Uston Advanced Plus-Minus
Ken Uston was one of the more well-known blackjack players of all-time, as well as one of the game's more flamboyant personalities. He began playing as part of a cohesive blackjack "team" in the San Francisco area, and had so much success that he quit his job as a vice-president with the Pacific Stock Exchange to play blackjack full-time. He certainly got more publicity than anyone else, and much of it stemmed from the stories of his being barred from casinos.
Uston wrote several books. Perhaps the most well-received was "MIllion Dollar Blackjack," published in 1981 and immediately recognized as one of the premier texts on the game. It was a mammoth work, and included several different blackjack systems. One of them was something called the Uston Simple Plus-Minus, which was designed for average players to learn quickly and start playing the kind of game that could extract an edge over the casino.
It was clearly an entry-level blackjack system, but it served as a strong fundamental basis for learning and maintaining a card count with proficiency. Uston also had something that was an upgrade. It was called the Uston Advanced Plus-Minus, and it constituted a blackjack system that was a little more complicated, but much more effective when playing blackjack.
The card values for this blackjack system called for everything from 3 through 7 to be counted as +1, with all ten-value cards and Aces at -1, and 2's, 8's and 9's as neutral. This reflected Uston's research - that the value of the two to the player and the house was relatively equal, and that the seven was a card that was favorable to the player when removed. This made it different than some of the other one-level blackjack systems, which might have counted the two as +1 or left the seven as neutral (uncounted).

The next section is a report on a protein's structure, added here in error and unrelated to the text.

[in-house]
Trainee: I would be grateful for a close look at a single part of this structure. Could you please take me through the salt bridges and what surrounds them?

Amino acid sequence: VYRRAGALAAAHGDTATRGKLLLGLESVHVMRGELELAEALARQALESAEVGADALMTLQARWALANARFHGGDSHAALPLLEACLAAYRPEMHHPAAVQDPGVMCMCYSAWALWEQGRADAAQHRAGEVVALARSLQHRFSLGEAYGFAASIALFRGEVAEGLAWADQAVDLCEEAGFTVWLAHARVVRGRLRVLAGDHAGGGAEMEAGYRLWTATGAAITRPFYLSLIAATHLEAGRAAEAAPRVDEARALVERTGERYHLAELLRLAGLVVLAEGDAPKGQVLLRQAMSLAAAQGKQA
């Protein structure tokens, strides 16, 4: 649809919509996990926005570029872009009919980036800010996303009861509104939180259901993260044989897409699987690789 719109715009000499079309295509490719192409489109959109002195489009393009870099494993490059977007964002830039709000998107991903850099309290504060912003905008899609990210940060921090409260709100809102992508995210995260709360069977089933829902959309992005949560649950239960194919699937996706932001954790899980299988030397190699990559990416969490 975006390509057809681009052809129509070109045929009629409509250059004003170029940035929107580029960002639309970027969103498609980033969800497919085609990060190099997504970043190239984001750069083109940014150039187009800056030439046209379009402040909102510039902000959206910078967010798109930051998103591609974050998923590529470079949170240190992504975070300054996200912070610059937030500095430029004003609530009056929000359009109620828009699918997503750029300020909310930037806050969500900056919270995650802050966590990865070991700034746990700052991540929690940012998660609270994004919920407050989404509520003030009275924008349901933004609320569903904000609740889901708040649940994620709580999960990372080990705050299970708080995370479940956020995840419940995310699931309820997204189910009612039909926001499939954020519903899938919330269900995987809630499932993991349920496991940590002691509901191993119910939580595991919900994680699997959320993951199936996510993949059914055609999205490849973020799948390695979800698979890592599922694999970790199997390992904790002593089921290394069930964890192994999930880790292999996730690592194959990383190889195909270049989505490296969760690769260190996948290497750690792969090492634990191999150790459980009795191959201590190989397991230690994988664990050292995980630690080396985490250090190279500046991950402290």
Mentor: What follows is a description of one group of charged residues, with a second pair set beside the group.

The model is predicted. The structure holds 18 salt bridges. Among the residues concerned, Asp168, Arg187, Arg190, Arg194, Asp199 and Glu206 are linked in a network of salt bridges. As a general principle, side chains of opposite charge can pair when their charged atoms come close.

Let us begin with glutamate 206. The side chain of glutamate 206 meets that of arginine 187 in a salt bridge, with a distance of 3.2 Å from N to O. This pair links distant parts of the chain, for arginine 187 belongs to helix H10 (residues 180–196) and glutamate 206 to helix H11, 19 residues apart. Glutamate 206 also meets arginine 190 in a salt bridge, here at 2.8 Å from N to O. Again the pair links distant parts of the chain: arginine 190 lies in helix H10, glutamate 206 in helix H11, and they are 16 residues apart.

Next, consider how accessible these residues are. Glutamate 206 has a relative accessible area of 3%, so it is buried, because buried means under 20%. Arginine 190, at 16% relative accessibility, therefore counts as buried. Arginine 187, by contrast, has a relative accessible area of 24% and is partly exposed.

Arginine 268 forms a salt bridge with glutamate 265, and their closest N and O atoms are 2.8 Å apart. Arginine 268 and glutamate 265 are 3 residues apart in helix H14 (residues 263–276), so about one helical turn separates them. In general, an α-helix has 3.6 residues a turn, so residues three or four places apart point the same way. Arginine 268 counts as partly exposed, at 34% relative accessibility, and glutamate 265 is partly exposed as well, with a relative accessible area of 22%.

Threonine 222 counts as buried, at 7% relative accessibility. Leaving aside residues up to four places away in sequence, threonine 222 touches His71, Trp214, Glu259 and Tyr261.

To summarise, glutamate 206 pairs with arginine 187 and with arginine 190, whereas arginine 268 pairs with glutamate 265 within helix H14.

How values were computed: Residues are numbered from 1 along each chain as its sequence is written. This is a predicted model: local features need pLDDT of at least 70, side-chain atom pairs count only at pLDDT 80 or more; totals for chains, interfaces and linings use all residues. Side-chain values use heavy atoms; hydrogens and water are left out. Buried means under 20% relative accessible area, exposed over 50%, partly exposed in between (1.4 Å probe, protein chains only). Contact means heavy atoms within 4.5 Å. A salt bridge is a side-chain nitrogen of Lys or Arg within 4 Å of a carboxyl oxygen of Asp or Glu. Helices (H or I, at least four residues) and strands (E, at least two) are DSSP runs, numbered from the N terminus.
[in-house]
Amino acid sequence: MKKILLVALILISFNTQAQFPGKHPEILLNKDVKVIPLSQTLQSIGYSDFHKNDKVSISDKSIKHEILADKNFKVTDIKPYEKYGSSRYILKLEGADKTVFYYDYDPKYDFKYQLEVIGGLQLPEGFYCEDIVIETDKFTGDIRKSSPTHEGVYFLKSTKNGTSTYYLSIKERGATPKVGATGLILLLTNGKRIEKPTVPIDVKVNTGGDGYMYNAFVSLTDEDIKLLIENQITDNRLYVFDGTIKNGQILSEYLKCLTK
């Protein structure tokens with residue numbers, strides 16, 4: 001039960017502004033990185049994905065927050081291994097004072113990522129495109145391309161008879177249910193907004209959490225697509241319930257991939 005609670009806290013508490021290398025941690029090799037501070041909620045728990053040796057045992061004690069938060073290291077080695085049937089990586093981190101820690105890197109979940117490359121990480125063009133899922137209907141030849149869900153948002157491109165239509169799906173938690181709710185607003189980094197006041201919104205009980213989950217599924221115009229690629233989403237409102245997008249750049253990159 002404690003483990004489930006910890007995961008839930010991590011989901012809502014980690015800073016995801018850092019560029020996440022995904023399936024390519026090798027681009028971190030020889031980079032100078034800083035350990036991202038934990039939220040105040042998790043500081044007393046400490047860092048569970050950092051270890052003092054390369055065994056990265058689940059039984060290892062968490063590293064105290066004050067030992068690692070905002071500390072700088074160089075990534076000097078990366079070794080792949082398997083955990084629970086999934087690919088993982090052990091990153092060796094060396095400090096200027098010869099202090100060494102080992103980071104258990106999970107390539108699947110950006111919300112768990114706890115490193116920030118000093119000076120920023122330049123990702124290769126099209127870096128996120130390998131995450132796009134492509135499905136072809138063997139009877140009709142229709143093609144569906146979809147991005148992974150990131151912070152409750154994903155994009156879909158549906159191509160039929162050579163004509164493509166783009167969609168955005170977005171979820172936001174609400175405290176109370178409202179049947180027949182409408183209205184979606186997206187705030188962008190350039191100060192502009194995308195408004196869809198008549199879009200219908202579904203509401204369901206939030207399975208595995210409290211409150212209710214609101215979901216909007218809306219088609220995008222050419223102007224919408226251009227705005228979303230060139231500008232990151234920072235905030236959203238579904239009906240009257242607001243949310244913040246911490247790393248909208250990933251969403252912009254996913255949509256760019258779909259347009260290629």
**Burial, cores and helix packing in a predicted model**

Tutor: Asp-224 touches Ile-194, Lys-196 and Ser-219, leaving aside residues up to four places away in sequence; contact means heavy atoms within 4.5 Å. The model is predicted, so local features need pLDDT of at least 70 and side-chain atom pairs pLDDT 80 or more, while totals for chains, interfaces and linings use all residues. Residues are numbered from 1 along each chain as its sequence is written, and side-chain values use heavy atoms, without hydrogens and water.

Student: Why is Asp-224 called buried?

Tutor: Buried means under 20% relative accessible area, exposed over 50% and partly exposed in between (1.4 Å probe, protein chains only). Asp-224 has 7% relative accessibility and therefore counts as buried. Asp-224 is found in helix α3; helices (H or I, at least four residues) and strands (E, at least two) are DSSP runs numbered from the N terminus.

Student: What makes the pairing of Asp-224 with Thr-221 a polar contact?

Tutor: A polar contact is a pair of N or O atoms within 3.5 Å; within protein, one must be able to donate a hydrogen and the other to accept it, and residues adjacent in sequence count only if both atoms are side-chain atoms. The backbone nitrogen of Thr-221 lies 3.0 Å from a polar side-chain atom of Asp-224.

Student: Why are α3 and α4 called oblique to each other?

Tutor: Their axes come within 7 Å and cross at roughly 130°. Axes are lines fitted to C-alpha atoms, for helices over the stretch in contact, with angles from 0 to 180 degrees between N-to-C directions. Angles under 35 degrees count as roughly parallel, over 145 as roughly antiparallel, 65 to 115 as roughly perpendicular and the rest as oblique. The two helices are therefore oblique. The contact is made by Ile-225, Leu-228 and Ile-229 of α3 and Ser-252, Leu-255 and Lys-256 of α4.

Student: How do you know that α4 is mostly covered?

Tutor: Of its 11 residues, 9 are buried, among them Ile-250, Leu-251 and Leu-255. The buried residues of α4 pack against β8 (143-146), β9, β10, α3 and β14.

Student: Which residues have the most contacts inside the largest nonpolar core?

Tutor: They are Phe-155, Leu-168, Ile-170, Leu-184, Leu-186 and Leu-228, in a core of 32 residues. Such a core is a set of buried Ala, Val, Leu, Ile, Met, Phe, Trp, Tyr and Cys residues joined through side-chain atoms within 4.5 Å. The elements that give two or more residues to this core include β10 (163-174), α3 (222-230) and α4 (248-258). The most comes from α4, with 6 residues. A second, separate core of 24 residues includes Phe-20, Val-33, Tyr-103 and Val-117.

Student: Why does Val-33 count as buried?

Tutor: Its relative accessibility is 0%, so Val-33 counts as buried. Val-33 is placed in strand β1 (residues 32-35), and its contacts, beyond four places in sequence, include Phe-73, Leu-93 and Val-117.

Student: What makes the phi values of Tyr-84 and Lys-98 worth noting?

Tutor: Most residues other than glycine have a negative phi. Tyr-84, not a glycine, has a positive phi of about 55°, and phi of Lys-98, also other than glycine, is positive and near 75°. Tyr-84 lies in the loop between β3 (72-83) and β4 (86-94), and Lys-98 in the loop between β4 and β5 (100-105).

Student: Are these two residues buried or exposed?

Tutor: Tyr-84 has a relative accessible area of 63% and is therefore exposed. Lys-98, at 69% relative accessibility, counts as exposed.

Though the foundation of the Advanced Plus-Minus system was indeed simple, players had to convert the running count over a true count, using half-decks as the conversion factor (in other words, divide the running count by the half-decks remaining).
Uston's recommendation was that players take on the Advanced Plus-Minus (which he termed a "professional-level" system) only after they had mastered the Simple Plus-Minus, and this was a good idea, because with the card values the same, the player could concentrate on being able to keep the running count first.
Another big distinction between the Simple and Advanced versions of this blackjack strategy was the fact that there were quite a few strategy variations to learn - in fact, 155 in all - and Uston's notion was for the player to learn these strategy decisions with the use of sets of flash cards - something that was rather revolutionary at the time.
The Uston Advanced Plus-Minus blackjack system has a playing efficiency rating of .55, which is not especially strong, with a betting efficiency of .95, which compares to other one-level counts such as the Wong High-Low and the Hi-Opt I. It certainly is not at the same level of power as the multi-level counts that are available, but it is easier to learn, particularly with respect to determining betting situations.